Thursday 19 May 2016

Antibiotics Abuse, Resistance and the threat of a post-antibiotics era

You have cough or sore throat you take Septrin; having running stomach or going to a place whose food you aren't so sure of you take Flagyl; having slight or persistent headache you take Amoxicillin; you give your new born baby Ampiclox drops to "flush" all infections the baby could have gotten from you; Your doctor prescribes malaria drugs as well as antibiotics after he sent you for malaria test alone to which you tested positive. These among many others are the ways we abuse antibiotics in our part of the world.  What makes matters so terrible is the ease with which we can source antibiotics in every drug shop around. It is not only wrong to self-prescribe antibiotics it also does not always help our case.

Sometimes the cough or cold one is self-treating with antibiotics is actually caused by a virus, thus antibiotics would have no effect.

Poultry and fish farmers also indiscriminately use antibiotics for varied reasons. Even our medical practitioners are guilty. They tend to prescribe antibiotics at almost every visit to the hospital; medical test or none. Our over-exposure to antibiotics has made microorganisms resistant to them.
When you misuse antibiotics, some microorganisms toughen, learn to strive, thrive and multiply even in the presence of the antibiotics; then they can be said to be resistant to that antibiotic.  Antibiotics resistance is the reason why drugs like Penicillin, Ampiclox and Tetracyclin hardly are effective these days. It is part of the reasons infections hardly get treated these days, often leading to both human and economic losses.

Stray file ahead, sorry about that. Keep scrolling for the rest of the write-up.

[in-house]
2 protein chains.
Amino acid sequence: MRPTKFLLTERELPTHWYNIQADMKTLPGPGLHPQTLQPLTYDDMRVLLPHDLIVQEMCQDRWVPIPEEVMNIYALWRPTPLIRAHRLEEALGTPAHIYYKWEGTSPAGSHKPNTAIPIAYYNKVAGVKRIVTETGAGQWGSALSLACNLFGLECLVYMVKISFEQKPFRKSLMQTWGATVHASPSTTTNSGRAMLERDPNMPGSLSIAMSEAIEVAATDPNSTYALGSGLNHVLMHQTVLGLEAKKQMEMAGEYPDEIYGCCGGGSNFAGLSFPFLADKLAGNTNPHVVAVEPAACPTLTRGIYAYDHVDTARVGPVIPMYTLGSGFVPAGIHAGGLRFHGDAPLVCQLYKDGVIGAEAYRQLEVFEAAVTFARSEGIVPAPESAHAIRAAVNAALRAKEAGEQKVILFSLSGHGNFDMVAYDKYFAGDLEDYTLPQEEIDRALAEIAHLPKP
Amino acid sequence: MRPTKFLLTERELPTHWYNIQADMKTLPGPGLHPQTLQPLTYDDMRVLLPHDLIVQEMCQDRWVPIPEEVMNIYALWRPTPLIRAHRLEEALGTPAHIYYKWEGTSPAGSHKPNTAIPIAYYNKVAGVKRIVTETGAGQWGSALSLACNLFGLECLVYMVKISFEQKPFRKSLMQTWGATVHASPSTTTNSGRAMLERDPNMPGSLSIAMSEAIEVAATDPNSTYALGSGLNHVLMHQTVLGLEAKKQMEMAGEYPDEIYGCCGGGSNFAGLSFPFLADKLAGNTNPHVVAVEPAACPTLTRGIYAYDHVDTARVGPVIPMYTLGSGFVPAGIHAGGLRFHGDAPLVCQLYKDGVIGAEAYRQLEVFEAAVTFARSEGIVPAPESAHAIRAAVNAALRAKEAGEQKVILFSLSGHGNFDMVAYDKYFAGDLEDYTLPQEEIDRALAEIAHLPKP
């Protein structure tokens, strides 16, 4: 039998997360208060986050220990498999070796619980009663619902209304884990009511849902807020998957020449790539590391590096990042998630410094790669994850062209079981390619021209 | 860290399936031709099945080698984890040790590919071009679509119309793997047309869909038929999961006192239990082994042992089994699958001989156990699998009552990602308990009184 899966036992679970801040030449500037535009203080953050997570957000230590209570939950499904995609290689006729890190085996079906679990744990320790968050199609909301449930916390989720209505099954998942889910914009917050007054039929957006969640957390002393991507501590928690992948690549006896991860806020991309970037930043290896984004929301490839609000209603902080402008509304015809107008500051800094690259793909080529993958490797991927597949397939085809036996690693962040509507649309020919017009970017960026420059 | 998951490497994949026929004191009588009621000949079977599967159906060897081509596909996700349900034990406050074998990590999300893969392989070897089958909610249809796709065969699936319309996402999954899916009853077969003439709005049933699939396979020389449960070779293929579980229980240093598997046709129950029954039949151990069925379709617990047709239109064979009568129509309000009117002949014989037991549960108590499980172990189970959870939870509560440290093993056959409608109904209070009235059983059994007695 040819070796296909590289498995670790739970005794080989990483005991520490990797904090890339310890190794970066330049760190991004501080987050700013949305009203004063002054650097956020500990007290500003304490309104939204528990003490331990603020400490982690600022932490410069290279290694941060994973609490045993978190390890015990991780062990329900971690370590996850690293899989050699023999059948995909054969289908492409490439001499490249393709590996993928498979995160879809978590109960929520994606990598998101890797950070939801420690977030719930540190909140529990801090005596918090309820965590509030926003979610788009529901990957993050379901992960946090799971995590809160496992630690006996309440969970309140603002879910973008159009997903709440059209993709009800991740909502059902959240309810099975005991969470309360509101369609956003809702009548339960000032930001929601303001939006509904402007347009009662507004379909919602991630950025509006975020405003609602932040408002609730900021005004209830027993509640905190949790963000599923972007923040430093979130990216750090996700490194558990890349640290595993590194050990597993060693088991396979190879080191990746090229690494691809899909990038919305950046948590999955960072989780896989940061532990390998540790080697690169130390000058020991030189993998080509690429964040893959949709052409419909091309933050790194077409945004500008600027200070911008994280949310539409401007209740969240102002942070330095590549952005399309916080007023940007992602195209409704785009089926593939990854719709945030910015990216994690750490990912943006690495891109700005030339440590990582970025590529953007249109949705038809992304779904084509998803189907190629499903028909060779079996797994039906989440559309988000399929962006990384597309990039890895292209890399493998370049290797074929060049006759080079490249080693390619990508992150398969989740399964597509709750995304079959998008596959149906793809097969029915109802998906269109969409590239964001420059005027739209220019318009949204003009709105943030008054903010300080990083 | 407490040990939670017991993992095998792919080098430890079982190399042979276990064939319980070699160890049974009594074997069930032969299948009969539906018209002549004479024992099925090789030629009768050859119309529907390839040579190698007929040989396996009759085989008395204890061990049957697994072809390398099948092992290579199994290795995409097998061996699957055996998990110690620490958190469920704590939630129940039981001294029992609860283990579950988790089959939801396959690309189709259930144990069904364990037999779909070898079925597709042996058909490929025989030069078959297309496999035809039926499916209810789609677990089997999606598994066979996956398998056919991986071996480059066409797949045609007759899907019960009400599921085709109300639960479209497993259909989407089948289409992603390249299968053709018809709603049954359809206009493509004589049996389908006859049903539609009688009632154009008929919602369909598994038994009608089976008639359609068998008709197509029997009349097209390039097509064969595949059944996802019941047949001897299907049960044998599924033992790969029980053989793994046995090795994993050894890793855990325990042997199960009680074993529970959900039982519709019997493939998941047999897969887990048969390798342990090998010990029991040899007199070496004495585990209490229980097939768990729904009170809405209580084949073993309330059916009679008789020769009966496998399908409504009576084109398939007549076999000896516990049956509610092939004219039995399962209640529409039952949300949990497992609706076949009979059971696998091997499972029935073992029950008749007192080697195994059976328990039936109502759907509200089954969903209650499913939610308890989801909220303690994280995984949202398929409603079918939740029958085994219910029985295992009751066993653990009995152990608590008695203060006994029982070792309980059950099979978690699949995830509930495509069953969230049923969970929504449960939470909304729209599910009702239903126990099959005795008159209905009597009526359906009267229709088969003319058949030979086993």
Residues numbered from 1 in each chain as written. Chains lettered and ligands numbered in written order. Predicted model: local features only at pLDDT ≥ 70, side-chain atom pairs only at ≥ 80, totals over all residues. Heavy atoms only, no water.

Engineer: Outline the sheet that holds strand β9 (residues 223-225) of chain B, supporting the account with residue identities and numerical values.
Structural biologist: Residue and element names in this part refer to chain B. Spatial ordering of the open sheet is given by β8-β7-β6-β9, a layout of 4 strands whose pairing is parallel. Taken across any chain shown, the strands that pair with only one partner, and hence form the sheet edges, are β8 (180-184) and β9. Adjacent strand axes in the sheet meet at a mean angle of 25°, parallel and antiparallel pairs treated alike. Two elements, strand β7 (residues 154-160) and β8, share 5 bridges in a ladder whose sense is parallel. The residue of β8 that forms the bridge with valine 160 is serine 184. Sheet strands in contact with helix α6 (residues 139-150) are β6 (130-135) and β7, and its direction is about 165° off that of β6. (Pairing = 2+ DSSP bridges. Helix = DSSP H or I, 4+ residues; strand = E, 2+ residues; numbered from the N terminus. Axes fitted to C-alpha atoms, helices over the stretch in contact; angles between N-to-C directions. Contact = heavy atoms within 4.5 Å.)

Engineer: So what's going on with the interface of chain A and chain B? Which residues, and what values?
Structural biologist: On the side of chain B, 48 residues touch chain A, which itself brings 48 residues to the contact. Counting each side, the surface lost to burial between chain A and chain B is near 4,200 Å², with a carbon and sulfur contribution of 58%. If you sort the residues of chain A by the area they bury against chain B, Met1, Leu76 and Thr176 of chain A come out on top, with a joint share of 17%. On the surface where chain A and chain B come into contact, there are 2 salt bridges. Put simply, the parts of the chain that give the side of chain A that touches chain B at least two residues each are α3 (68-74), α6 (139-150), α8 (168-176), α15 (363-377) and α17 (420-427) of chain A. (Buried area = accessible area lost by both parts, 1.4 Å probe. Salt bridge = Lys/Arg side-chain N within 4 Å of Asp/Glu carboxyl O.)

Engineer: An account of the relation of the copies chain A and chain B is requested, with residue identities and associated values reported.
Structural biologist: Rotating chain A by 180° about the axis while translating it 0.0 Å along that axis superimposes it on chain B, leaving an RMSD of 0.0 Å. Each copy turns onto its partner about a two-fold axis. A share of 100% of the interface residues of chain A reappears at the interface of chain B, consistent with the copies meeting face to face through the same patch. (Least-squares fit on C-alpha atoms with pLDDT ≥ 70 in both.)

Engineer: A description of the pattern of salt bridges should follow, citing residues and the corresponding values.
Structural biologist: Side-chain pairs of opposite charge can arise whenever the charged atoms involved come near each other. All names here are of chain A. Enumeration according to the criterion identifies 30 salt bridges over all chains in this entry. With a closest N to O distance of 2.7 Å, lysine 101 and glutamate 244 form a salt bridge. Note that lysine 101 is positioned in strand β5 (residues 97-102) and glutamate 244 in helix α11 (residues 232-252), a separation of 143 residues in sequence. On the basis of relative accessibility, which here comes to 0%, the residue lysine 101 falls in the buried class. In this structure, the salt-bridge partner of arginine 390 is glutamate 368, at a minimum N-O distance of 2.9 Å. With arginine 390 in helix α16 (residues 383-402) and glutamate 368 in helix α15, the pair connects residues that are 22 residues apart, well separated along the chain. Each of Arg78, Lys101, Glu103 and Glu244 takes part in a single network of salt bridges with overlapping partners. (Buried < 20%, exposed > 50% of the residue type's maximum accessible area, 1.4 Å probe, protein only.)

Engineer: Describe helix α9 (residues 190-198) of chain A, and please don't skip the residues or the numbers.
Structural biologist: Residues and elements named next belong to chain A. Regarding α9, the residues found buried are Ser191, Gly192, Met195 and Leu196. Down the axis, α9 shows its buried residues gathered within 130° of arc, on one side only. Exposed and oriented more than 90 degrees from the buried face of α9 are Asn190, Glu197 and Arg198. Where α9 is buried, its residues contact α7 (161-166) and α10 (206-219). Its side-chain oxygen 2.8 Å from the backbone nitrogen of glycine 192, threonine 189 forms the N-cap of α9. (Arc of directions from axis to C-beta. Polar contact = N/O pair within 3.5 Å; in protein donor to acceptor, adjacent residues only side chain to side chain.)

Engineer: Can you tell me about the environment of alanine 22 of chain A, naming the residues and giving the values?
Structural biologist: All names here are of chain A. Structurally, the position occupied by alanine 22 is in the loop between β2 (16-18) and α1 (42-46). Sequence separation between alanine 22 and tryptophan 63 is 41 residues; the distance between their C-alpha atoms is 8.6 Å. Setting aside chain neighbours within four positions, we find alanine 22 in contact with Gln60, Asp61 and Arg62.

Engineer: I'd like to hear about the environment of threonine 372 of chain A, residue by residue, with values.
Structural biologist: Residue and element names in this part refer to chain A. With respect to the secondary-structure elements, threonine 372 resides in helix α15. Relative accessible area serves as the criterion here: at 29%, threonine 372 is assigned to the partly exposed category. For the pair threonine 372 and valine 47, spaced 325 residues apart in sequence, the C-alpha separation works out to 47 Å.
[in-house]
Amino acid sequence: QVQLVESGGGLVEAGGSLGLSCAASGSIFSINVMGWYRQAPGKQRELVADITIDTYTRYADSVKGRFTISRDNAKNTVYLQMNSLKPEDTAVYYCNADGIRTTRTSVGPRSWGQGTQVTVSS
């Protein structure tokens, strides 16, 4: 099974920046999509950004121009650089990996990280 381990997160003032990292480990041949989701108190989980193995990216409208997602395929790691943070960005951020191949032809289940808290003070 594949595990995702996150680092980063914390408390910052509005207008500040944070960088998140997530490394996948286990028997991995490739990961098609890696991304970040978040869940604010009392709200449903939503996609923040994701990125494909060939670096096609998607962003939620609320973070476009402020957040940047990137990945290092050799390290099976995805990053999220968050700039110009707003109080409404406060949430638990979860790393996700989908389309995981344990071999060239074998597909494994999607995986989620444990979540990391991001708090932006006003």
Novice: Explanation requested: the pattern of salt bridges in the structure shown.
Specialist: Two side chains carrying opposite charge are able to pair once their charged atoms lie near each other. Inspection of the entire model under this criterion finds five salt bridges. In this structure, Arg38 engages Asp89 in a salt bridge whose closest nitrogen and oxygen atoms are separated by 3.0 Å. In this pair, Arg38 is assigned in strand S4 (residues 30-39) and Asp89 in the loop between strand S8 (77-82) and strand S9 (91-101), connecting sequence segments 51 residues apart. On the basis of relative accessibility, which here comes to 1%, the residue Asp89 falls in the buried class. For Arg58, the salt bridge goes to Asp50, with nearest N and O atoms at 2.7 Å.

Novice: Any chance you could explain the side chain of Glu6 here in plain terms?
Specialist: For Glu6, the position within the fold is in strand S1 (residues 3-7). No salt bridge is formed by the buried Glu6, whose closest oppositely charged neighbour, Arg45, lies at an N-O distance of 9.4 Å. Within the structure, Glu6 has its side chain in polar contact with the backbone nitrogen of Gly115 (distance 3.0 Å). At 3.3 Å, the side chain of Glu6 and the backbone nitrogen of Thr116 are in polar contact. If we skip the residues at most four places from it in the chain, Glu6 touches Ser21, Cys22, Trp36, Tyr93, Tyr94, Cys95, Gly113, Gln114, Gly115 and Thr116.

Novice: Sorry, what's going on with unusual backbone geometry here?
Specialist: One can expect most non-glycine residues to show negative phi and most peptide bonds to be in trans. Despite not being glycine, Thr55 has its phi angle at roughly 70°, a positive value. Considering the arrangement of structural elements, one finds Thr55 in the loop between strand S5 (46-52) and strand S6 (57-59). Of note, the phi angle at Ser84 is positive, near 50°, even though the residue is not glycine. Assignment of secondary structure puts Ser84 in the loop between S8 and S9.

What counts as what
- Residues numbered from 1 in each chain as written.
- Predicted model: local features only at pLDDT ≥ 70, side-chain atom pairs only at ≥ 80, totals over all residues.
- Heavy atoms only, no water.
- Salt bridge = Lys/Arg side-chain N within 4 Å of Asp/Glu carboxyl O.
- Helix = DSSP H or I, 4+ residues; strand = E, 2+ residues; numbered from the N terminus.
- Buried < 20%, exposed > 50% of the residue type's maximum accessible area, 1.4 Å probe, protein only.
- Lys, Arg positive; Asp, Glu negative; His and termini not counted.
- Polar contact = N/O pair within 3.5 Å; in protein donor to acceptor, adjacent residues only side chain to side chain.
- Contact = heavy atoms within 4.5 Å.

Antibiotics resistance has been described as a pressing public health problem world over. There seems to be a prevalence of organisms resistant to the current antibiotics.  Even  the  World Health Organization (WHO), said "we are gradually getting to a post-antibiotics era when minor infections and injuries  will once again start to kill". It has also been estimated that "one in four deaths in Nigeria will be attributable to antibiotics resistance by 2050", and that "resistant microorganisms will kill more than cancer by 2050". For those who know what these imply, they are very scary. To worsen the already bad situation is the case of fake and substandard drugs in the market.

We do not always need to take antibiotics.

Solution: take antibiotics only when prescribed and as prescribed by a qualified and "informed" medical practitioner , do not share or transfer medications and do not take left-overs.
Health practitioners should avoid indiscriminate antibiotics prescriptions. Tests should be conducted and the actual cause of infection determined before antibiotics is prescribed. Nevertheless, your doctor can use his/her discretion to prescribe drugs pending when your test result is ready.
Government and drug regulatory agencies should tighten the laws surrounding antibiotics prescription, availability and ease of purchase. One should not be able to walk into any drug shop and buy antibiotics  without a doctor's prescription.